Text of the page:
Fitch Ratings Agency is forecasting that global crude oil prices will average $52.50 this year, up from $45.10 in 2016. This figure is still believed to be below the breakeven point for most Middle Eastern oil exporters. Only Kuwait, which is said to have a breakeven point of $45 a barrel is well below the $52 figure. All the other exporters are either close to $52 or well above it Most, especially Saudi Arabia, are slowly losing currency reserves by operating at a loss. Most oil industry experts believe the current situation where crude oil is being sold below true costs of production simply cannot obtain indefinitely.

Saudi Arabia’s foreign currency reserves have fallen from a peak of $737 billion in 2014 to just over $500 billion today. At the current rate of decline, $6.5 billion a year, these reserves could drop to zero in about 6-7 years. Moreover, Saudi Arabia’s crude oil reserves have declined from 267 billion barrels in October 2015 to around 260 billion today.

To replace the revenue from their crude oil revenues, members of the Gulf Cooperation Council (including Saudi Arabia) have turned to the bond markets. Bond sales by council members during the first quarter increased by 359% to $24.2 billion. This included an $8 billion issue by Kuwait and a $5 billion issue by Oman. Financial observers are predicting that large bond issues will become the norm for Gulf oil producers in coming years, unless there is a major surge in crude oil prices.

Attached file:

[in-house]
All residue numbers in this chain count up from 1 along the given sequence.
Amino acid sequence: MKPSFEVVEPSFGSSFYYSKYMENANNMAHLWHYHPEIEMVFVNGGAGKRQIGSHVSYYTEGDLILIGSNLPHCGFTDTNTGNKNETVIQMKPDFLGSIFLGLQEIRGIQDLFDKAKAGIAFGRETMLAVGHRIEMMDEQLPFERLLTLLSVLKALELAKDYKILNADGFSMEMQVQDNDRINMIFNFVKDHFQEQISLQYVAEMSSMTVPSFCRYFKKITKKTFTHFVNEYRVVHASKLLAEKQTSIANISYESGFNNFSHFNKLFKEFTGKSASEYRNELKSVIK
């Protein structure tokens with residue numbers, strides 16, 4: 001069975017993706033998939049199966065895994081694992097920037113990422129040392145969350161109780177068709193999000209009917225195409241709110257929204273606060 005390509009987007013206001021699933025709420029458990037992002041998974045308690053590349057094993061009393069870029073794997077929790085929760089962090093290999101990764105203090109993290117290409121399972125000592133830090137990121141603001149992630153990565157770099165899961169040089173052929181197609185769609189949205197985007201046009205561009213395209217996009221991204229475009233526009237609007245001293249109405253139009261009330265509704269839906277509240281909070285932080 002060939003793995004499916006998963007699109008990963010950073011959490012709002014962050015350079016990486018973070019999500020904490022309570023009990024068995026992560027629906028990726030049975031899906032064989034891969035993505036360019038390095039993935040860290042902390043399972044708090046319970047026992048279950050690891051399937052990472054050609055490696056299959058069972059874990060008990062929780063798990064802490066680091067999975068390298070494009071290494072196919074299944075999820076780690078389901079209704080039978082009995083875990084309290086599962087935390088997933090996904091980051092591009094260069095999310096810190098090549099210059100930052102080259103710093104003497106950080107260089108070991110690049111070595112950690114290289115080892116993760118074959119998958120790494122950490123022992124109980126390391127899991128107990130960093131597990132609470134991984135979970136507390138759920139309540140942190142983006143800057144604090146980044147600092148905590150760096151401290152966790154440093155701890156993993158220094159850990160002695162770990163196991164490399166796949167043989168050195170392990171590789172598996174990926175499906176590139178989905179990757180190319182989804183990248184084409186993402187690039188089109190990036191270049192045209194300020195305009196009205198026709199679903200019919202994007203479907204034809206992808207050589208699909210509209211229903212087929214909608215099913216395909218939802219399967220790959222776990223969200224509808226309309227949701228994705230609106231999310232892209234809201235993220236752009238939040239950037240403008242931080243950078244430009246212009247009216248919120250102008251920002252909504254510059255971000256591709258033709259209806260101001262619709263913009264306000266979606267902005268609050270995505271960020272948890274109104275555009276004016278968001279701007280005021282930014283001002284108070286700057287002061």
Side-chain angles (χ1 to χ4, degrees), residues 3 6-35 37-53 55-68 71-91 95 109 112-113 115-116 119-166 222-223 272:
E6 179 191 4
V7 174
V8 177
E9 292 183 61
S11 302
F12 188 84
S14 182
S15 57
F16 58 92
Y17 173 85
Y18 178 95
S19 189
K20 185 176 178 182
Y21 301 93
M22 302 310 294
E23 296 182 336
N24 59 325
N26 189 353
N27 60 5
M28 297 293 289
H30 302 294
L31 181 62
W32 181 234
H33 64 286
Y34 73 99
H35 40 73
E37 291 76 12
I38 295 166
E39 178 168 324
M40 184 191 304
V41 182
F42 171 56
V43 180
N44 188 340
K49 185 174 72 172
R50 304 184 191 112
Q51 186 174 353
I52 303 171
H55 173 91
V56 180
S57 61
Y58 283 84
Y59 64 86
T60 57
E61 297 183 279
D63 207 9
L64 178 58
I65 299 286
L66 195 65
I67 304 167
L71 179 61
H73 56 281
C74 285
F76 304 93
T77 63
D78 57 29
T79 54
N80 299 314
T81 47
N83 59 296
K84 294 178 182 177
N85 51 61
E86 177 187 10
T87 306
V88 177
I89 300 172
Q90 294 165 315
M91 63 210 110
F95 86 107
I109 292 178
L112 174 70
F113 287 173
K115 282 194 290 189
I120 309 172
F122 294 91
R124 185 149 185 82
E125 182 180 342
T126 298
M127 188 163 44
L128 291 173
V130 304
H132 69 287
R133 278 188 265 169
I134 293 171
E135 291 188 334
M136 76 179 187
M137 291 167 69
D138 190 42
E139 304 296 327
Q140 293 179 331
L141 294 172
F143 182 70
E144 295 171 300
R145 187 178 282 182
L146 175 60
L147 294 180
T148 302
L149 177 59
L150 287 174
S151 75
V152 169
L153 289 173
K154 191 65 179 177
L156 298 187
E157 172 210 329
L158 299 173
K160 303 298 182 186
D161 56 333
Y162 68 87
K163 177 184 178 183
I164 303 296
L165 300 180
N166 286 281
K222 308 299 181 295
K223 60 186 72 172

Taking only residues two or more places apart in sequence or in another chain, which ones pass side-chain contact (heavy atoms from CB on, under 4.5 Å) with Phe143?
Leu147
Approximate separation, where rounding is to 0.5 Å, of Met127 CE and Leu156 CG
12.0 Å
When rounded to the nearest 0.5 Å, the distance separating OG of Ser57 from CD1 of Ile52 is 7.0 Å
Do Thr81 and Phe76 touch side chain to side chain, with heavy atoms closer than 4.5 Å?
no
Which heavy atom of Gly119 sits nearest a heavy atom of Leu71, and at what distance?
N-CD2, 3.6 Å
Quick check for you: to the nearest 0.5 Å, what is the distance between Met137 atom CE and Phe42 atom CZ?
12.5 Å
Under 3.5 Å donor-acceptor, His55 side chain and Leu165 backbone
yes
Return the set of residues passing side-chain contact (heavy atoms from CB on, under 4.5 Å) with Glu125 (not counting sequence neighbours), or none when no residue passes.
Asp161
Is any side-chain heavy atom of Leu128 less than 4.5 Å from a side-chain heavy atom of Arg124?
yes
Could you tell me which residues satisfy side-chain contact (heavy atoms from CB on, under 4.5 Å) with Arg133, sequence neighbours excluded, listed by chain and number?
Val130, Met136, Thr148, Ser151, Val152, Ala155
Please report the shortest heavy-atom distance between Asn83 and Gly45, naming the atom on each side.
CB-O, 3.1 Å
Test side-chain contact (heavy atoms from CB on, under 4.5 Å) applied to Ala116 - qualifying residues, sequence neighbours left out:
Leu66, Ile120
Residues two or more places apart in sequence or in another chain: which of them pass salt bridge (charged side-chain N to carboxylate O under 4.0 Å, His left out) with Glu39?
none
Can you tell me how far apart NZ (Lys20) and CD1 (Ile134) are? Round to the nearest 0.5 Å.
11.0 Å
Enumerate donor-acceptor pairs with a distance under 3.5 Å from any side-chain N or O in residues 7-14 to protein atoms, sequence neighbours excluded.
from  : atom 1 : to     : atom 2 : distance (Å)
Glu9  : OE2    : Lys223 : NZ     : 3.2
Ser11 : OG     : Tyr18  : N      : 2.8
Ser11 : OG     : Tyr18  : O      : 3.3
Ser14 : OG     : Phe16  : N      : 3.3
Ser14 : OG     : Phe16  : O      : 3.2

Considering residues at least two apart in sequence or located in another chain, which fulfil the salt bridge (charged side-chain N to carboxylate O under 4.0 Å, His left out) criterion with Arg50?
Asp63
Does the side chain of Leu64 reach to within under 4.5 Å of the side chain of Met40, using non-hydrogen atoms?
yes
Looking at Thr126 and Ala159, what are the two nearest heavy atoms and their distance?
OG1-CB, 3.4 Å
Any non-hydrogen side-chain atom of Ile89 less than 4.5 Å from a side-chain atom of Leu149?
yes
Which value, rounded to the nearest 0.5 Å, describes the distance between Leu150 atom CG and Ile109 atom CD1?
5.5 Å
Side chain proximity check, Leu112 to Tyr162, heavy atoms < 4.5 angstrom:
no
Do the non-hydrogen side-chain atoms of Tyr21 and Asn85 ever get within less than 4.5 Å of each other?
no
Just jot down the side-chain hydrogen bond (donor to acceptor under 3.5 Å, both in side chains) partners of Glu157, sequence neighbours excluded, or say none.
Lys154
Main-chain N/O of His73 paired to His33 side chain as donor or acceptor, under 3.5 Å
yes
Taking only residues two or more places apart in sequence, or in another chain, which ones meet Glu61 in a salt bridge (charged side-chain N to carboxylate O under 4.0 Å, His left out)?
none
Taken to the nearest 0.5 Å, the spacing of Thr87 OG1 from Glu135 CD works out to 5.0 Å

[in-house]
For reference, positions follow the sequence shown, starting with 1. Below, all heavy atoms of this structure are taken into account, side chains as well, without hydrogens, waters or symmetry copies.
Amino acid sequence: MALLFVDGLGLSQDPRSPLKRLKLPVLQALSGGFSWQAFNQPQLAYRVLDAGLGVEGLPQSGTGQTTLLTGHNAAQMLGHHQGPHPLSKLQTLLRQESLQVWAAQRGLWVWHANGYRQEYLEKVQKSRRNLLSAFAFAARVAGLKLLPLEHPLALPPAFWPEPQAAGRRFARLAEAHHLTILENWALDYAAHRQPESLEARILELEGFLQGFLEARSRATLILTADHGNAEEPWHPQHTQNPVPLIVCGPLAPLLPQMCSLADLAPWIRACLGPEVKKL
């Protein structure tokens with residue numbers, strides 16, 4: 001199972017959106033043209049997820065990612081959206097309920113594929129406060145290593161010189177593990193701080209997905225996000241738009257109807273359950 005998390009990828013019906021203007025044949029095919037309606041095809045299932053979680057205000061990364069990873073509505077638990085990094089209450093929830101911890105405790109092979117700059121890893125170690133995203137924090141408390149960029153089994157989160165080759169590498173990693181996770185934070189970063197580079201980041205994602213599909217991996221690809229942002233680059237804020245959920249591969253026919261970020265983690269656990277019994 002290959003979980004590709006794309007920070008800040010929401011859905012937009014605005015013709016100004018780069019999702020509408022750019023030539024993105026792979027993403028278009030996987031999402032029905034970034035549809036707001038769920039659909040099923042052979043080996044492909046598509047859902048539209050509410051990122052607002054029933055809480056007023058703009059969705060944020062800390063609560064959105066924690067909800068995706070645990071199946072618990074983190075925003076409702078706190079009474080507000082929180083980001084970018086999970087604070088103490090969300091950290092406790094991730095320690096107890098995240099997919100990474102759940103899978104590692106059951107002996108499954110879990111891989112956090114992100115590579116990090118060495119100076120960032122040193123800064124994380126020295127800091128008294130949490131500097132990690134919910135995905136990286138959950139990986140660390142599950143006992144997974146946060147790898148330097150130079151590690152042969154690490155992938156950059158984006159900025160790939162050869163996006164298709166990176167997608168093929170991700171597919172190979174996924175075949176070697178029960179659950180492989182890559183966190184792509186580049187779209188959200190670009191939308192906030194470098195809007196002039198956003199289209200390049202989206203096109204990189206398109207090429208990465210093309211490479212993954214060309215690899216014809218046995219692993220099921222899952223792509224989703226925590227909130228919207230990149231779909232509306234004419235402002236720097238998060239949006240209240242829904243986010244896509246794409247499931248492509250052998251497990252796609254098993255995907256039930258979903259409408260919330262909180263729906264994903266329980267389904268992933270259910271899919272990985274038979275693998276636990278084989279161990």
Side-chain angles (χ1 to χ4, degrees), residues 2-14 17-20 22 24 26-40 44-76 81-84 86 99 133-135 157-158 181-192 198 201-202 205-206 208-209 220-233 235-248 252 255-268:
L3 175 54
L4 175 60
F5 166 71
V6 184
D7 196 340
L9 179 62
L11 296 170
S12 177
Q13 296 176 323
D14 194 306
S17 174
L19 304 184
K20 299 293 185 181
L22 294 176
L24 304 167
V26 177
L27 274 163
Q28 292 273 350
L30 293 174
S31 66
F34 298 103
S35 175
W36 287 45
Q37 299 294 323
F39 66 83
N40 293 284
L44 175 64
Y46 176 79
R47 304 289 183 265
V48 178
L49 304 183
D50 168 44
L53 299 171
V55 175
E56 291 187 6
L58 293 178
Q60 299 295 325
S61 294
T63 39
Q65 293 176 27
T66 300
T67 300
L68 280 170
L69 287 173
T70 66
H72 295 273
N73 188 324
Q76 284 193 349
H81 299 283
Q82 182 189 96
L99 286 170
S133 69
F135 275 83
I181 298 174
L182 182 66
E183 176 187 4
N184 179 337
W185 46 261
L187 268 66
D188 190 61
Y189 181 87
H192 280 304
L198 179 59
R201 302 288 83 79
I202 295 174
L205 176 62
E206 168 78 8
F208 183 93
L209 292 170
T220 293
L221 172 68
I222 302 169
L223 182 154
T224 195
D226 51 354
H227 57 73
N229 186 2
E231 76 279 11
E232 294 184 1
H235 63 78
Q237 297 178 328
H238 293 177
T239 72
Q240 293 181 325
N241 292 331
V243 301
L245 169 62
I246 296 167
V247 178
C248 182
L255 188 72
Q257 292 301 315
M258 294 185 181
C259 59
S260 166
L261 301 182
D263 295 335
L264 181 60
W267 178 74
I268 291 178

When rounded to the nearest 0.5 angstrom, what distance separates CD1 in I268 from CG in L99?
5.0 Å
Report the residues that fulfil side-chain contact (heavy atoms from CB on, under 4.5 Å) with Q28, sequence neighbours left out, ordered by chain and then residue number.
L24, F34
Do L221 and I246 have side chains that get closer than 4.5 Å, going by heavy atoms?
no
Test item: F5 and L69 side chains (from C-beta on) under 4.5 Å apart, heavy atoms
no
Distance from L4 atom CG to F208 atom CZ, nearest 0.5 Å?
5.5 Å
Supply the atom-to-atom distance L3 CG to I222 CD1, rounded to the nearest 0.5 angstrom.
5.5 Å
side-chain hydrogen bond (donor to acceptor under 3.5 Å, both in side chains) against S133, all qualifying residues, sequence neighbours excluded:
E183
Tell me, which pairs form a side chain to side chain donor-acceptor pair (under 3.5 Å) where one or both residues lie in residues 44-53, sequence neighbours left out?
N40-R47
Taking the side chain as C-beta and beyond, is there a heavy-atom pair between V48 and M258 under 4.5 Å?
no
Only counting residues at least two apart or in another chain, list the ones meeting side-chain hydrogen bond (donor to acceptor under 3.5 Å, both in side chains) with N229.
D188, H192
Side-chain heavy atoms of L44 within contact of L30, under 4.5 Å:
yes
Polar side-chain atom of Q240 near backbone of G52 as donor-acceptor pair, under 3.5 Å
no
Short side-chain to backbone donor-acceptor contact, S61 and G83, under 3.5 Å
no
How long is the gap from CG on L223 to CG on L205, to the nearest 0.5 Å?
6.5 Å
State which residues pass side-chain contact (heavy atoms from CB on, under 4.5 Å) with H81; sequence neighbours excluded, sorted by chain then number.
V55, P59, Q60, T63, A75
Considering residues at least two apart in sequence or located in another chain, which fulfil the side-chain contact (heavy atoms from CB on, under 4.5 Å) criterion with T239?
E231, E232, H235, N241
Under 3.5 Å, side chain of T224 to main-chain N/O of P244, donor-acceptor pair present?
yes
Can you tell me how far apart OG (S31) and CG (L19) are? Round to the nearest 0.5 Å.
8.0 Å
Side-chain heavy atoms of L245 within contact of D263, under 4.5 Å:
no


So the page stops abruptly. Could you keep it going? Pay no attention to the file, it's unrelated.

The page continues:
Nigeria is the world’s worst off crude oil producer, needing a world oil price of $139 a barrel to balance its budget.

According to Norwegian government estimates, there are some 18 billion barrels of crude oil equivalent yet to be discovered in Norwegian waters. Half of that is in the Barents Sea in the Arctic.

In February, China was the largest buyer of US light crude oil, overtaking Canada as the top destination of US crude exports. US crude oil exports reached a record high of 31.2 million barrels in February.

3 US companies are considering building natural gas pipelines from the Permian basin in the state of Texas to the US Gulf Coast where other companies have set up facilities to export liquefied natural gas (LNG) to Europe and Asia.

The crude oil price collapse that sent several hundred US oil and gas companies into bankruptcy seems to be largely over.  A recent spate of hiring announcements suggests oilfield services companies are building up a workforce to tap into North American shale oil and gas fields.

It is expected that later this month the US President will approve the drilling for crude oil and natural gas in drilling in US Arctic waters and a large area of its Atlantic coast waters.

Energy consultant Wood Mackenzie Ltd. estimates global merchant fleets will have to spend $60 billion in the next 2 1/2 years to meet new global sulfur emission standards. In Europe, which has already introduced tougher emission standards for its coastal waters, many ships are converting from diesel to liquefied natural gas (LNG).

The Canadian government estimates it has the eighth largest wind-energy capacity in the world, with nearly 12 gigawatts of installed capacity.



with h/t Tom Wipple

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